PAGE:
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  #11  
Old 08-30-2005, 12:19 PM
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boilerman boilerman is offline
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here is shot of my spit ....notice the sprocket on the endit is 3 times bigger than the one on the motor ... and the 2 plates behind it ....the plates are to keep the spit from traveling side to side and if you look close at the shot of the roaster in the back ground you can see the spit rests on a piece of pipe that is split ....i use fat from the pig and set in in on top of the spit in the pipe for lube
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  #12  
Old 08-30-2005, 12:27 PM
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another thing to consider is what type of ac motor you are dealing with. if it has a centrifugal switch to switch into and out of the start windings, simply slowing it down will cause all kinds of havoc... Most of the electronic speed controls I used to deal with (1 phase ac motors, anyway) were magic black box triac type controls that had to be used on a PSC (permanent split capacitor) type motor. gear motor or a sprocket reduction will be your best bet, I think.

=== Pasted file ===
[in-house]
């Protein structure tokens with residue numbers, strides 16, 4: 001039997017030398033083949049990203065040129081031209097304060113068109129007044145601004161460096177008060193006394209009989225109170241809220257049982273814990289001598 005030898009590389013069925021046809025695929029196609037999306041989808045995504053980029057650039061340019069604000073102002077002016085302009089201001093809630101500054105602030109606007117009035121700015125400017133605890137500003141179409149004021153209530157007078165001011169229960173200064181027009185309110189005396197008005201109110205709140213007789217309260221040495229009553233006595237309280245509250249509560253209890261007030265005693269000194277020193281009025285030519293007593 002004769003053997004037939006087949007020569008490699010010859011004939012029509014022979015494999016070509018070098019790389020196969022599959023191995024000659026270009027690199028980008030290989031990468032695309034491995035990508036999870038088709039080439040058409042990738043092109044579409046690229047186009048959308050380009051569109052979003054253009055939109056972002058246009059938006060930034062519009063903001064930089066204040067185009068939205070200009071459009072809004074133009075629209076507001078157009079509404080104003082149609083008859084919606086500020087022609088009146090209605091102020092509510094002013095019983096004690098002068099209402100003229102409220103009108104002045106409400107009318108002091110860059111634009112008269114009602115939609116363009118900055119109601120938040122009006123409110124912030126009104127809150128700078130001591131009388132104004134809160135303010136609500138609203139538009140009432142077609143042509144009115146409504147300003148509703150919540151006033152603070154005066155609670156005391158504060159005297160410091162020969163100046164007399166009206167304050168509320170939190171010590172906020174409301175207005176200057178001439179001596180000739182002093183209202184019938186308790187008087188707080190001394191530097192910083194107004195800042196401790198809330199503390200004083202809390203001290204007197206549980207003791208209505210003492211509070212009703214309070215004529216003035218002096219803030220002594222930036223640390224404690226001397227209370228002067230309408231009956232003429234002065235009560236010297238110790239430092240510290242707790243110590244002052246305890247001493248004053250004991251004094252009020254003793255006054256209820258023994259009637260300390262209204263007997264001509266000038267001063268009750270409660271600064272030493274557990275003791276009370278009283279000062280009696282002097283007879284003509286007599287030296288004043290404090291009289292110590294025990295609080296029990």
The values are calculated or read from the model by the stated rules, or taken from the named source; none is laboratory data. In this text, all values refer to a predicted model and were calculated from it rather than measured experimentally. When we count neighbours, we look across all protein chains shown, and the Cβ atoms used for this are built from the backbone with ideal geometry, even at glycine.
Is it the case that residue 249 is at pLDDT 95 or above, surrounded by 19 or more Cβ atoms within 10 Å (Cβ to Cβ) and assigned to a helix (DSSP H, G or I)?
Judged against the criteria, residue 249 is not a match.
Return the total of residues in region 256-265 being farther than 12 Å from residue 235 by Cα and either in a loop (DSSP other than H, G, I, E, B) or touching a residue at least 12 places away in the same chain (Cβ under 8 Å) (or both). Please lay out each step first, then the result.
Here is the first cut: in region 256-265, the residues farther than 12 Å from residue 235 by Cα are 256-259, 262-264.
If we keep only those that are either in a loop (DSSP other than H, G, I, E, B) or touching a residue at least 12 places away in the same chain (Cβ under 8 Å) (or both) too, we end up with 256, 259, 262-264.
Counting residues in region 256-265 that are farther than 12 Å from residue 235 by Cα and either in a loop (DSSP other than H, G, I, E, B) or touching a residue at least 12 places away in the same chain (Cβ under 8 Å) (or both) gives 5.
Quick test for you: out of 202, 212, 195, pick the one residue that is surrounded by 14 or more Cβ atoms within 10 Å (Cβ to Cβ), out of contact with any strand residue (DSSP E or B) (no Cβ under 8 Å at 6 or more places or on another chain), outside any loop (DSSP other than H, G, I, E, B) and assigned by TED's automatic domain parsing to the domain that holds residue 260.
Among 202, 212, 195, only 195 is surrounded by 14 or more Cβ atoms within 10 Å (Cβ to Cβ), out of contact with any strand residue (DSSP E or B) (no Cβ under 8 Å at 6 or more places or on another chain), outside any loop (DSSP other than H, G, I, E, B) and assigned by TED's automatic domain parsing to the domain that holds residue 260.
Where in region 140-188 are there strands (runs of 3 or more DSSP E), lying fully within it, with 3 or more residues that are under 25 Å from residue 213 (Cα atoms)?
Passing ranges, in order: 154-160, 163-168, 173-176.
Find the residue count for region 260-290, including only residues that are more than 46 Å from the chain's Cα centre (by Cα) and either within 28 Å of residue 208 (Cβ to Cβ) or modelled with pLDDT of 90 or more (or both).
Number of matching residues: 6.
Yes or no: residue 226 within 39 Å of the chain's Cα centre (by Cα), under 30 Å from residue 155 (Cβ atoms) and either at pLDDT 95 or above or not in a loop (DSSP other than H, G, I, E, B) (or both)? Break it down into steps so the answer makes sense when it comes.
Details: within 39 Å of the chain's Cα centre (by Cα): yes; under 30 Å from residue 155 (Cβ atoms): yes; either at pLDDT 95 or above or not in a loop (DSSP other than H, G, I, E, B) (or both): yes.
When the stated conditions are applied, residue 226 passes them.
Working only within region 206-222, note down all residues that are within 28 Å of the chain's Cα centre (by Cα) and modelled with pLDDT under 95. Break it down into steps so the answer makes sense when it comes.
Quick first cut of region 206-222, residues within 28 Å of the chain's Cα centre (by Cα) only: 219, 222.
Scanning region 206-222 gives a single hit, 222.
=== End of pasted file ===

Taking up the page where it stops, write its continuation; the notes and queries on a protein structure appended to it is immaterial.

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  #13  
Old 08-30-2005, 12:30 PM
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Okay fmed, thanks for the link.
I was curious to see if someone had come up with a controller for brushless AC motors. Nope.

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If you look at the upper right hand corner of this page, you will see that my location shows "Lubbock, Texas". We have found it to be a handy thing on this site for all members to post their locations in their profiles. (That way, Stovepoker would not have had to ask.) If you would please, look at the blue header bar with white letters, click "User CP" on the left hand side, click "edit profile", scroll down and fill in the "location" line, then scroll to the bottom & "save changes". We would appreciate it. City & province/state is sufficient. You will probably be surprised how often your whereabouts is relevant to the conversation.